Sucellos
su-: good; cellos: strike
"Good Striker", likely refering to his hammer.

Gaulish-British pantheon

Epigraphic Evidence
There are inscriptions to Sucellos in Gaul and Britain, with most in Gaul.

As can be seen, he's assimilated to Silvanus, Roman god of forests and hunting, and his consort is Nantosuelta, "[goddess of the] sun-warmed valley", who is often depicted with a house on the top of her staff.

Imagery
Many depictions of Sucellos depict him posessing a hammer and a pot, often accompanied by a statue of Nantosuellta. The statues of Sucellos are reminicent of the Irish description of An Dagda, who has a magic club and cauldron.

Mythology
Though we have no record of Sucellos' mythology, it is possible that he was similar to the Irish god An Dagda, as mentioned above. Sucellos is identified by the Romans with Silvanus the god, and there's a story that St. Silvanus and the Dagda have in common: namely, the Dagda got his magic staff which could bring people back from the dead after journeying east to look for a way to raise his son. He comes upon three men, and "borrows" the staff and is able to raise Cermait. Now, St. Silvanus has a story that St. Peter gave Silvanus his crozier to raise Silvanus' partner Silvester from the dead, and he does so and they go off to Gaul to convert people. That's when the story with Rodena takes place.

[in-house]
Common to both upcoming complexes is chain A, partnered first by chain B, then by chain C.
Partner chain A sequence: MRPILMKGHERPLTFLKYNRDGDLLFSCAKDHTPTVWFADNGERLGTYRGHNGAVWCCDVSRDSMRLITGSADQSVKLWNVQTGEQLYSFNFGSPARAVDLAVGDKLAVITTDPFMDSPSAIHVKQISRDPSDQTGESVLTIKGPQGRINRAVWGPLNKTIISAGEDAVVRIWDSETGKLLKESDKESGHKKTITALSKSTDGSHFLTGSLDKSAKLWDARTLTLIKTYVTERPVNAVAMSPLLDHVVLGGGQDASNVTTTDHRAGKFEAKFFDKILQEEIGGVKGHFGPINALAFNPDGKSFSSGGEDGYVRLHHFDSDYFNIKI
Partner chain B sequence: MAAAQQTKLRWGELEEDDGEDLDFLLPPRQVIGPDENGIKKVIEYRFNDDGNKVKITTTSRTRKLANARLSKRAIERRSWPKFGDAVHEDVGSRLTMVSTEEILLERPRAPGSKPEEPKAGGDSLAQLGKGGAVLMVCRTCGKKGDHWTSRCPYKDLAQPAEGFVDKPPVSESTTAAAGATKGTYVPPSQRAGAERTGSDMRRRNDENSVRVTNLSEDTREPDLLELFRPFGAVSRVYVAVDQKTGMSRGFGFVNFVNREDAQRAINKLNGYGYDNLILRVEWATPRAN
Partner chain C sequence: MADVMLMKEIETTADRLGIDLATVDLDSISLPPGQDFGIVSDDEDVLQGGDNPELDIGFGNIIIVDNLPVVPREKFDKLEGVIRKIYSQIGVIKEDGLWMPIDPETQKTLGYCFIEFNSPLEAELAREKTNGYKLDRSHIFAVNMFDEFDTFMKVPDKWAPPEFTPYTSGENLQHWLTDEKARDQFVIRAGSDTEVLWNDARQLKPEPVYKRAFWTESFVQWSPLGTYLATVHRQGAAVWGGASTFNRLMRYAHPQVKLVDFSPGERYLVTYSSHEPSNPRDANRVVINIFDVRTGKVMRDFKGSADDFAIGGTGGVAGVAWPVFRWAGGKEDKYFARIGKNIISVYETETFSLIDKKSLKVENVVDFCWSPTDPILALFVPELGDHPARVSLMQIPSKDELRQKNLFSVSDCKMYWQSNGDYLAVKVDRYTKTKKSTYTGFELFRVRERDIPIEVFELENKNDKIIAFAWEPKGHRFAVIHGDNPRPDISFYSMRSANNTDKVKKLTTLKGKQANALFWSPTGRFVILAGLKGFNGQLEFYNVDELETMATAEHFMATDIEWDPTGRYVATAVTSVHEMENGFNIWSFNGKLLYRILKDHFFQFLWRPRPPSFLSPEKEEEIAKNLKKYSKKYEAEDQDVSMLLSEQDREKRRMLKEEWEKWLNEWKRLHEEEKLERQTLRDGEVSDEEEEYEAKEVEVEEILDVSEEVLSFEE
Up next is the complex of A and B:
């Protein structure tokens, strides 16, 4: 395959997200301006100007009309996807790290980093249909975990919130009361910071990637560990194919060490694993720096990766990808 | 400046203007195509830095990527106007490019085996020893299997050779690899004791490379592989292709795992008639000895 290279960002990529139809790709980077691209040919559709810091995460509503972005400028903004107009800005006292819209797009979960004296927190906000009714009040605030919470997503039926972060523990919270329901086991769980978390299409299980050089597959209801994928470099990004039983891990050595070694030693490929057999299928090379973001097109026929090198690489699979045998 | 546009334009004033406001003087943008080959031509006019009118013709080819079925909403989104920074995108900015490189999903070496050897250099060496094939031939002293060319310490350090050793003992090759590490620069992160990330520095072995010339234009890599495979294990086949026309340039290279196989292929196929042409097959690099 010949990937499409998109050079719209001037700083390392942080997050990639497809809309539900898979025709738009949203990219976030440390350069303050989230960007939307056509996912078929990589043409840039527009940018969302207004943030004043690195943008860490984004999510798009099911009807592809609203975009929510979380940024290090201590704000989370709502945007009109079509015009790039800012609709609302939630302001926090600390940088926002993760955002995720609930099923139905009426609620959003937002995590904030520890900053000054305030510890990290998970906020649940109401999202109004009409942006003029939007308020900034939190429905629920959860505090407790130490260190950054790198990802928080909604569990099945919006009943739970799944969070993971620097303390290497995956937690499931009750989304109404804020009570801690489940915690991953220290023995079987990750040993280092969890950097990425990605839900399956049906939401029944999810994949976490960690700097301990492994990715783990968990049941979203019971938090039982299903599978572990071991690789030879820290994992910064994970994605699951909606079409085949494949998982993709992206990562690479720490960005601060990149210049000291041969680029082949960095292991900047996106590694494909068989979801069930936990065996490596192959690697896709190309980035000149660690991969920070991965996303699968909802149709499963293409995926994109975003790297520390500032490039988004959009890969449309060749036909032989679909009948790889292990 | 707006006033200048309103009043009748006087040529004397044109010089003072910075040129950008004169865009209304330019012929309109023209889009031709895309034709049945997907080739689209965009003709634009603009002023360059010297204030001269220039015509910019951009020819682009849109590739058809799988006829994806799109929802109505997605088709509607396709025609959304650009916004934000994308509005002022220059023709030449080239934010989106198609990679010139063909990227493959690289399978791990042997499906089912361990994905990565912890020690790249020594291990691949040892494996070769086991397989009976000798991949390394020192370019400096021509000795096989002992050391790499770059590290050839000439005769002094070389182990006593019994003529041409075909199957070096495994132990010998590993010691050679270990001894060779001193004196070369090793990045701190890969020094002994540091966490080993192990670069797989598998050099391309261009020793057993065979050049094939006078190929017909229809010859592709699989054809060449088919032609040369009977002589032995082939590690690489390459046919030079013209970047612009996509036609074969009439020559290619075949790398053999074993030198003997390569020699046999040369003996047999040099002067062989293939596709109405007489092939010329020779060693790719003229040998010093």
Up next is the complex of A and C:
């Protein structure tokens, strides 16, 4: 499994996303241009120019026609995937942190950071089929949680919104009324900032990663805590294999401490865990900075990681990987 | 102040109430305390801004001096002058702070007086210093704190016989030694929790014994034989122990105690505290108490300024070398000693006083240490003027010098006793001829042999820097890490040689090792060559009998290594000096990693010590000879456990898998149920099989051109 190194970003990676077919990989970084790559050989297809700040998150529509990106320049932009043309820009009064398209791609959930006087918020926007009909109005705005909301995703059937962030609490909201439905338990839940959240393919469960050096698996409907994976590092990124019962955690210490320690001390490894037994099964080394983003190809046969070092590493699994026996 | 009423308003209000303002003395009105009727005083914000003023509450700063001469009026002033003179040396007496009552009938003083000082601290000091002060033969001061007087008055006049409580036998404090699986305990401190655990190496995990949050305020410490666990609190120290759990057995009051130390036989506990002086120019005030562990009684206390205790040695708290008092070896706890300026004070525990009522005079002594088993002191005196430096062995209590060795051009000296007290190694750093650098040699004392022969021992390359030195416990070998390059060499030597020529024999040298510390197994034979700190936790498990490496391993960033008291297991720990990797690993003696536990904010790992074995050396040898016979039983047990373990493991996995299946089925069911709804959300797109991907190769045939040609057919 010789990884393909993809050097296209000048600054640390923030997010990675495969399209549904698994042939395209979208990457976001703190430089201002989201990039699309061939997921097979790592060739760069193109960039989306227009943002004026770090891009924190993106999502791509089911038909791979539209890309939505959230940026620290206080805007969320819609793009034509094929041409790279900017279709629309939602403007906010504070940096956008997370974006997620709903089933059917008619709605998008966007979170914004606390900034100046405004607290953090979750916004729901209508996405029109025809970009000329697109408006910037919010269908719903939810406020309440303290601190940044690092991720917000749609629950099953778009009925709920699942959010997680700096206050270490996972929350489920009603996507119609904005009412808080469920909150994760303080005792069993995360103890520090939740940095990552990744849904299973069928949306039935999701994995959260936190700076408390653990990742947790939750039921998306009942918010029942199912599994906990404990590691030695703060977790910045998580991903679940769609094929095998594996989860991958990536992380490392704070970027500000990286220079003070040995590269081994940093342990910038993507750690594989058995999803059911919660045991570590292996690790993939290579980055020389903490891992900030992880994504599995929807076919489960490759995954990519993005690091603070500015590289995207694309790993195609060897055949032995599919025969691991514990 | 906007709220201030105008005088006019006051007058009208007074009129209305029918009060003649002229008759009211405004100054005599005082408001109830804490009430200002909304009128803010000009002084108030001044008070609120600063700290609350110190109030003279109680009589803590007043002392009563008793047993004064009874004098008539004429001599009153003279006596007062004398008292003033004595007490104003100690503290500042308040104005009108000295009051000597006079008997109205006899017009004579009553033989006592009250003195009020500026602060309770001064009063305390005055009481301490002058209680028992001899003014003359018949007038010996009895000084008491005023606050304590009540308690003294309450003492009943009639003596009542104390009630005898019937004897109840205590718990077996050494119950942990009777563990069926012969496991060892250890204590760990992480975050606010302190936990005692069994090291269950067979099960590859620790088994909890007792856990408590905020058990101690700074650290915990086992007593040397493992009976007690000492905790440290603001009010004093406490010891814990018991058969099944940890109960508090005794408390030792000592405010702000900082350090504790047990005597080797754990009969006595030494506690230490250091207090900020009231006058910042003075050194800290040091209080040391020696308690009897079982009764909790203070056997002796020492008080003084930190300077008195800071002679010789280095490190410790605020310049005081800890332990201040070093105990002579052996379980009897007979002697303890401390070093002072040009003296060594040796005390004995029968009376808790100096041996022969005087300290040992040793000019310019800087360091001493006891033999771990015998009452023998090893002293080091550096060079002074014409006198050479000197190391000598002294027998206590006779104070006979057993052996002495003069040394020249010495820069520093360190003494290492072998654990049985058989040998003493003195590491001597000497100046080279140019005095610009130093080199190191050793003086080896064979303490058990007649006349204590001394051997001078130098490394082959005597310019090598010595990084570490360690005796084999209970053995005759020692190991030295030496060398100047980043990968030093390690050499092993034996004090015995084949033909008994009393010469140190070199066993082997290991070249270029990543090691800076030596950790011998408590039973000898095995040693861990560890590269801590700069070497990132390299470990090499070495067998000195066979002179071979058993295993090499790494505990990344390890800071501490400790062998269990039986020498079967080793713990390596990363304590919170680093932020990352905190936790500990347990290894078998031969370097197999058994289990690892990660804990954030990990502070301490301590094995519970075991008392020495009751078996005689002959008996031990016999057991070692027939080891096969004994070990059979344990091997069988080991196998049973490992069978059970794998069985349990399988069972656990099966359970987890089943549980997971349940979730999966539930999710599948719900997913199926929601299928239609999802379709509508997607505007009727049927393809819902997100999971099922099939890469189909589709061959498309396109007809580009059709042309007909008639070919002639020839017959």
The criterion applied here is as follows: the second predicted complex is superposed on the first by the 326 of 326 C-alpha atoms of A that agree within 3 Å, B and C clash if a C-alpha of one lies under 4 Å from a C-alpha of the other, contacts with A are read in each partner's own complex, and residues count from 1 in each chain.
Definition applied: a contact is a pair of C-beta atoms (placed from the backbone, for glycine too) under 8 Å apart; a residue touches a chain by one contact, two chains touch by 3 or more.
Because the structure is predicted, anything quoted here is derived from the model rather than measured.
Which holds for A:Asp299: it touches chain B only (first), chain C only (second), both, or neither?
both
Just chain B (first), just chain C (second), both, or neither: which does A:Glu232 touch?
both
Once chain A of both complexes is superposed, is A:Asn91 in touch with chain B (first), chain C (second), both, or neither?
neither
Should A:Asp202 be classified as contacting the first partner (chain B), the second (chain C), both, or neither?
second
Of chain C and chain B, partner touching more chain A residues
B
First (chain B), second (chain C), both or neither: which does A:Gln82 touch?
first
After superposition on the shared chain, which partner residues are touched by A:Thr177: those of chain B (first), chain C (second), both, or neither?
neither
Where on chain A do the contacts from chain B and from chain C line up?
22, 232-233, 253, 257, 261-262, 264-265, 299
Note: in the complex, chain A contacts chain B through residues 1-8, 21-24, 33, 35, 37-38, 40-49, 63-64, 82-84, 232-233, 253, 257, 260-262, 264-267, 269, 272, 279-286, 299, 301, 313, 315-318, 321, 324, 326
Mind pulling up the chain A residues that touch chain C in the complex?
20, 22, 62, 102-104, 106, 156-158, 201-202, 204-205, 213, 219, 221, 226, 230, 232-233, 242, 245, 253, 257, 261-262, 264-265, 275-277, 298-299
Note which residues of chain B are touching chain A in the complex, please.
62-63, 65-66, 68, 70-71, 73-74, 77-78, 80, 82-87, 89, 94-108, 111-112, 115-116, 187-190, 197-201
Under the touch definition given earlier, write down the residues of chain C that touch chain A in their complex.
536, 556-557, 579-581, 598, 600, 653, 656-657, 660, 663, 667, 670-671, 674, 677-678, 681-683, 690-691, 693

Interestingly enough, Silvanus and Silvester's feast day is September 22; and if St. Silvanus has his origin in a Gaulish agriculture god, September 22nd is certainly appropriate.

Also, his name "good striker" may refer back to him being a type of thunder god, but there is no hard evidence otherwise.

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Mary Jones 2008